By Dave Lindorff
Imagine for a moment what would happen if former President George W. Bush were to give an interview on television and declare that his invasion of Iraq, and the ensuing nine years of death and mayhem that resulted from that war, had been the wrong thing to do. Imagine if he were to say of that decision, “Mistakes were made.”
Well, something equally momentous happened yesterday when Sanford I. Weill, the former CEO of Citigroup back when it was the nation’s largest bank, announced in an interview on the cable network CNBC, that banks should never have been permitted to merge with insurance companies and investment banks. Discussing the financial crisis that continues to wreak havoc in the US and the global economy, he said, “What we should probably do is go and split up investment from banking. Have banks do something that’s not going to risk the taxpayer dollars, that’s not going to be too big to fail.”
Incredibly, this shocking comment, surely as big as Bush announcing that he was wrong to invade Iraq, was buried on the business page in the New York Times. Many other major newpapers, including thePhiladelphia Inquirer, didn’t even run the story!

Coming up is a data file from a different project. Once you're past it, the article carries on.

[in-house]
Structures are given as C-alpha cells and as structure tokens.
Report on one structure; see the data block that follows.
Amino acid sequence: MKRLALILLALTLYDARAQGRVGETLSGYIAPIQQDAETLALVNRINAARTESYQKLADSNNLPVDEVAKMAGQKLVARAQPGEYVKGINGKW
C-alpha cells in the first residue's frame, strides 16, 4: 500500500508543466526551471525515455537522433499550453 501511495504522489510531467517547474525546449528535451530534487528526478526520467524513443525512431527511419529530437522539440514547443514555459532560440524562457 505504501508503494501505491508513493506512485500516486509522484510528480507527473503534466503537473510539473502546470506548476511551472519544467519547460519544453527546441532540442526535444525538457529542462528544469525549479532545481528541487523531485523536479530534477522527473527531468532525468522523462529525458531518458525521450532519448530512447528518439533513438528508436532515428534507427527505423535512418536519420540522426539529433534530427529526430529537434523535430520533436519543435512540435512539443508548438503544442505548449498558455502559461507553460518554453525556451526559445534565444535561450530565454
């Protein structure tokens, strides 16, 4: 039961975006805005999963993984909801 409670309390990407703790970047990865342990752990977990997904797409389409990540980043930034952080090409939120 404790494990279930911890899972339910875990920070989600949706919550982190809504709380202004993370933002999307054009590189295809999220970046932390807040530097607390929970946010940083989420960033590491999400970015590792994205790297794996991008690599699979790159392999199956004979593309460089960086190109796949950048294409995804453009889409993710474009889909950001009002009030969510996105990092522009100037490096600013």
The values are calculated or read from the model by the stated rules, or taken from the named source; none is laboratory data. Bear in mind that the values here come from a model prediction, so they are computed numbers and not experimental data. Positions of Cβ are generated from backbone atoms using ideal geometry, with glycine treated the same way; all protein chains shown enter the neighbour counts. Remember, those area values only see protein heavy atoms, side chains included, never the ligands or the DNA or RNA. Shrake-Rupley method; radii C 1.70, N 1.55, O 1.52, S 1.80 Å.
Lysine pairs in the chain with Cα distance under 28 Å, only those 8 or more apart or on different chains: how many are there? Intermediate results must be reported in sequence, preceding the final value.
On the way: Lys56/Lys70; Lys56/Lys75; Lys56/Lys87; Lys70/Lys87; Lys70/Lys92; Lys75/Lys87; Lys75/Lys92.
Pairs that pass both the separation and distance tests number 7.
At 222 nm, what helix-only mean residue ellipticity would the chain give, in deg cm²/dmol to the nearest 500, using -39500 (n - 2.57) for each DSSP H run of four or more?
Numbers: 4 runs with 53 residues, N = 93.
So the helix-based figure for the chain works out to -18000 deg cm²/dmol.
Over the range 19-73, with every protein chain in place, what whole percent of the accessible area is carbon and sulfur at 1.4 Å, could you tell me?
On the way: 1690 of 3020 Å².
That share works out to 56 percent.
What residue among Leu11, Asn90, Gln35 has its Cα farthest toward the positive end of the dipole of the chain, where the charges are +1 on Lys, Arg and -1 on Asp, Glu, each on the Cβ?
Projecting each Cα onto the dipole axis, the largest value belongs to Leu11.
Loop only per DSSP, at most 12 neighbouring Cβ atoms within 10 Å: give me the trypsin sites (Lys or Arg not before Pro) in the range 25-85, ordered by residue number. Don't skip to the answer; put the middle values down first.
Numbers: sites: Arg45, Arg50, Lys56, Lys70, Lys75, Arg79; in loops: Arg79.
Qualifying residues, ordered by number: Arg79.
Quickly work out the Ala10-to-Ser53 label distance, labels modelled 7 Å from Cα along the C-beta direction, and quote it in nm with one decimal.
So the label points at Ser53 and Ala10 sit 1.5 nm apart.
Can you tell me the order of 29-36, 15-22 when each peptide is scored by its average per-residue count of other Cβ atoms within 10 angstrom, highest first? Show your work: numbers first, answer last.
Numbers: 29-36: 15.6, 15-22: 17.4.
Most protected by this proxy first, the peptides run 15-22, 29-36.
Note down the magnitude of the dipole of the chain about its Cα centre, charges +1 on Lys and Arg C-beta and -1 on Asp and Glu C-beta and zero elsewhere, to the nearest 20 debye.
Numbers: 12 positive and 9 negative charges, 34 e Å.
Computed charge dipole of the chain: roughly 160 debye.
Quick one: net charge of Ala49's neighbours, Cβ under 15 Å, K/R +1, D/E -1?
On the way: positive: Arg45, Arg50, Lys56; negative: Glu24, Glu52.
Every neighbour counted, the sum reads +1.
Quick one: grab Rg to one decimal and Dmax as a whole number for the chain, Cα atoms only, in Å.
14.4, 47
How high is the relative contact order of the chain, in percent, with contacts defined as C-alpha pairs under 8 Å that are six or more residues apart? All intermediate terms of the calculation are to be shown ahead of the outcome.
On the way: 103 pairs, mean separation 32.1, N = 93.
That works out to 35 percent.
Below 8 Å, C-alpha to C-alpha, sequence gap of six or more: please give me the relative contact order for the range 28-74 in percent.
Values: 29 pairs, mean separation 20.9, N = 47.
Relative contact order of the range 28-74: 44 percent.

Sanford Weill, it must be recalled, was the Wall Street financier who pushed the government to the wall to get banks deregulated, and to end the Depression-era law, called Glass-Steagall, that since 1933 had barred them from engaging in investment banking and in dealing in insurance.
As principle shareholder and head of Travelers Group, an insurance company and brokerage he had acquired for less than $5 billion, Weill thumbed his nose at the law and arranged a merger with Citicorp, in which the big bank bought the Travelers Group for $72 billion. The merger, while making Weill a very rich man, was a blatant violation of the law, but Weill and Citicorp CEO John S. Reed didn’t care. They pushed the deal through and essentially dared the Securities and Exchange Commission and the Justice Department to stop them. The SEC and Justice Department, as well as Congress and the president at the time, who was Bill Clinton, were “rolled” (or bankrolled) by Weill and Reed, who together hired former Republican President Gerald Ford and Former Clinton Treasury Secretary Robert Rubin to lobby for the repeal of Glass-Steagal, which happened in 1999. There followed a wave over the next decade of ever bigger mergers between banks and investment banks, and not coincidentally a decade of increasingly wild gambling by bankers who played with dodgy derivatives and with other people’s money...
For the rest of this article by DAVE LINDORFF, please go to ThisCantBeHappening, the new independent Project Censored Award-winning online alternative newspaper atwww.thiscantbehappening.net , or to PressTV , where this article originally appeared earlier today.